The new US president’s official biography has been posted to the White House website, and it could use a little fact-checking.
Donald J. Trump is the 45th President of the United States.
True enough. Our source: Quartz’s inauguration coverage.
He believes the United States has incredible potential and will go on to exceed anything that it has achieved in the past. His campaign slogan was Make America Great Again, and that is exactly what he intends to do.
We will have to take the White House at its word about what Trump believes regarding America’s potential. His dark inauguration speech referencing “American carnage” and promising its end as of Jan. 20 certainly could be interpreted to mean the country has nowhere to go but up.
Donald J. Trump is the very definition of the American success story.
In popular culture, American success stories usually are of the rags-to-riches variety. Trump hardly fits this mold. But his ability to come from a privileged family and amass yet more privilege is perhaps more representative of how upward mobility works in America, which is to say it doesn’t work as well as people think it does for those who are born into poorer classes.
Throughout his life he has continually set the standards of business and entrepreneurial excellence, especially with his interests in real estate, sports, and entertainment.
True, if you accept that standards can be set low, or even very low, as well as high.
Likewise, his entry into politics and public service resulted in the Presidential victory in, miraculously, his first ever run for office.
We’ve come to our first real whopper. This was not Trump’s “first ever run for office.” It wasn’t even his first bid for the White House. Trump campaigned for a berth in the 2000 election under the Reform Party banner. Some might split hairs over whether this bid constitutes an actual run for office, but it in fact meets the very definition of that term, which according to Merriam-Webster is “to campaign to be elected to an office.”
Trump formed an exploratory committee ahead of the 2000 election, traveled around the country delivering speeches, and got caught up in the heavy infighting that added to the improbability of a strong stand by a third party. Trump ended his run for the nomination in February 2000, but still won the Reform Party vote in the California and Michigan primaries that year.
After graduating from the Wharton School of Finance, Mr. Trump followed in his father’s footsteps as a real estate developer, and he entered the world of real estate development in New York. The Trump signature soon became synonymous with the most prestigious of addresses in Manhattan and subsequently throughout the world. An accomplished author, Mr. Trump has authored over fourteen bestsellers and his first book, The Art of the Deal, in addition to being the #1 book of the year, is considered a business classic.
Mr. Trump announced his candidacy on June 16, 2015, and after seventeen Republican contenders suspended their campaigns, he accepted the Republican nomination for President of the United States in July of 2016. Mr. Trump won the election on November 8 of 2016 in the largest electoral college landslide for a Republican in 30 years.
Another whopper. In 1988, Republican George H.W. Bush won 426 votes versus the 111 for Democratic challenger Michael Dukakis. Stretch all the way back into US electoral history and, by NPR’s count, Trump doesn’t even make the top half of the list of US presidential candidates with the highest number of electoral college votes.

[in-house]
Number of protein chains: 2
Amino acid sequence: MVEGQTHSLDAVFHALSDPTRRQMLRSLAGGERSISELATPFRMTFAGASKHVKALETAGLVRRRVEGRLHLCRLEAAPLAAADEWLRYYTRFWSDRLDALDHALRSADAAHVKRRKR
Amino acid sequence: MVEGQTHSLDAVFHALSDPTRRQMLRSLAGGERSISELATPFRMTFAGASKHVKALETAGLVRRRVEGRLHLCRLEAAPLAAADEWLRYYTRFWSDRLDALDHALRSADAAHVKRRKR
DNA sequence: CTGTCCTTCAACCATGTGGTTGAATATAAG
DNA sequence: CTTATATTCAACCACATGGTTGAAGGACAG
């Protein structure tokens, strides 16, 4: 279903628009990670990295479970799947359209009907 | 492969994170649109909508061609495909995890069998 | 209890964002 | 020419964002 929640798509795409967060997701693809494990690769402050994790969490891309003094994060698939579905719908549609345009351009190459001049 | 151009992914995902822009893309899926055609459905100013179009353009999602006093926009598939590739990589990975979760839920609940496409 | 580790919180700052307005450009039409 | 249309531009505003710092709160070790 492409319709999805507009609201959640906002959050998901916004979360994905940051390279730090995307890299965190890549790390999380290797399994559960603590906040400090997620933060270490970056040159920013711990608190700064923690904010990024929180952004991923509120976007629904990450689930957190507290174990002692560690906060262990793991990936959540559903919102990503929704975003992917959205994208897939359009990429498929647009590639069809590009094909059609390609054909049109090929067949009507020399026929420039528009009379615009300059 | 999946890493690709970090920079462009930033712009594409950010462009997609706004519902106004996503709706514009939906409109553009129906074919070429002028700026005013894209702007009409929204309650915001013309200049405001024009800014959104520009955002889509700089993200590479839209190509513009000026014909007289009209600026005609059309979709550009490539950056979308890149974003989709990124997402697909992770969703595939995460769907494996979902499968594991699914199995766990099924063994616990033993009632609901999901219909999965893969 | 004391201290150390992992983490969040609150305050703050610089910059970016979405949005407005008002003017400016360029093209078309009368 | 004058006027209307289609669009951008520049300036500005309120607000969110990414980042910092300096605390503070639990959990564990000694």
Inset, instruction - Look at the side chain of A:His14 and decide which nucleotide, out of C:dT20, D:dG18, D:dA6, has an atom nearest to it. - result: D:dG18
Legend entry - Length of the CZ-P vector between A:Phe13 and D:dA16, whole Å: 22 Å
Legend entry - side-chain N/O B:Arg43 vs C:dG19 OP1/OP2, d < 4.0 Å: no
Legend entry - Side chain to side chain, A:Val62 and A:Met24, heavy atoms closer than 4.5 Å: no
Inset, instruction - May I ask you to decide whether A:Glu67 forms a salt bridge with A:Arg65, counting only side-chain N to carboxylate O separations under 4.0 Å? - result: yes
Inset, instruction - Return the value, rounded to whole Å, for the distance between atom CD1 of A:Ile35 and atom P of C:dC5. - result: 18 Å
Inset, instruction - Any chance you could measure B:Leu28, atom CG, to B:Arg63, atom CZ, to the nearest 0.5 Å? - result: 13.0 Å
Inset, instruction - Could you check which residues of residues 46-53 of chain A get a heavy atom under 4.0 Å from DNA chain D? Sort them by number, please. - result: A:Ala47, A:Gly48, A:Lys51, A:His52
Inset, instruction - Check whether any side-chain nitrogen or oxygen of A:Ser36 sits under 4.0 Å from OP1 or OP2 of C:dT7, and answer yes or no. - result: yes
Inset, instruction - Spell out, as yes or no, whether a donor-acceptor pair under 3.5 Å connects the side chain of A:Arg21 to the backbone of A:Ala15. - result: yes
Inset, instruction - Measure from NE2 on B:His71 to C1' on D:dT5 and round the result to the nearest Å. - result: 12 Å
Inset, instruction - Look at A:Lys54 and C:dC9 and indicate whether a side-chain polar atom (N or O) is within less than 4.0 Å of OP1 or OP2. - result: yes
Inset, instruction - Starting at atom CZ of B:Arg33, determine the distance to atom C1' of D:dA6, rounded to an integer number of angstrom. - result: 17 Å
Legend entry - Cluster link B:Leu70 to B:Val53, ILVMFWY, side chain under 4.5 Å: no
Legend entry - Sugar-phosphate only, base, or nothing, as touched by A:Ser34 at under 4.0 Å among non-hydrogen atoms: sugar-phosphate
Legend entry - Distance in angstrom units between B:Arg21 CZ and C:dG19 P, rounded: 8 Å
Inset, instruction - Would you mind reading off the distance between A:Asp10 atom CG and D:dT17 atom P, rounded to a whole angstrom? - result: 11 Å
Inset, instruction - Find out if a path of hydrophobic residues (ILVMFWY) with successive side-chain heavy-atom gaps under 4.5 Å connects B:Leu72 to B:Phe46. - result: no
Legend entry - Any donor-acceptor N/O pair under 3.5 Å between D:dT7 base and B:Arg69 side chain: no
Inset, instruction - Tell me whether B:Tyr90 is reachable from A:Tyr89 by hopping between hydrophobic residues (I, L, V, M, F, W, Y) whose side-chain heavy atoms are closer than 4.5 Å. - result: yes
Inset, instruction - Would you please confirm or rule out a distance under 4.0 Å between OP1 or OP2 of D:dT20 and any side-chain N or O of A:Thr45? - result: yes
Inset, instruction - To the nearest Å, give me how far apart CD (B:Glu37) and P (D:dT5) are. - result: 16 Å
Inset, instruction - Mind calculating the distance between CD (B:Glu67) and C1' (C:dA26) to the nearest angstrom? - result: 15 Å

(Editor’s note: This portion of the bio has been updated since its first posting. The second sentence was reworded to say that “Mr. Trump won the election on November 8 of 2016 in the largest electoral college landslide for a Republican in 28 years.”)
He won over 2,600 counties nationwide, the most since President Reagan in 1984. Additionally, he won over 62 million votes in the popular vote, the highest all-time for a Republican nominee. He also won 306 electoral votes, the most for a Republican since George H.W. Bush in 1988.
Oh. So that 30-year reference earlier was just a rounding thing.
(Editor’s note: This portion of the bio was part of the original, and remains after the update.)
Millions of Americans rallied behind his message of rebuilding our country and disrupting the status quo—this was a truly national victory and a historic movement.
Historic, yes. National, not so much unless you disregard the fact that more Americans voted for Hillary Clinton than for Trump.
Donald J. Trump campaigned in places he knew Republicans have had difficulty winning—Flint, Michigan, charter schools in inner-city Cleveland, and Hispanic churches in Florida—because he wanted to bring his message of economic empowerment to all Americans. Millions of new Republicans trusted Mr. Trump with their vote because of his focus on delivering prosperity through better trade deals, and as a result there were healthy margins of victory in newly red areas. It is clear that President Trump’s win is one that brought Americans of all backgrounds together, and he is ready to deliver results for the nation on day one and every day of his tenure.
Possibly true, if you can prove that Republicans indeed have had difficulty winning places like “charter schools in inner-city Cleveland,” as charter schools don’t vote and electoral maps don’t typically get this detailed.
President Trump has been married to his wife, Melania, for twelve years and they are parents to their son, Barron. Additionally, Mr. Trump has four adult children, Don Jr., Ivanka, Eric and Tiffany, and eight grandchildren.
Nothing but truth right there.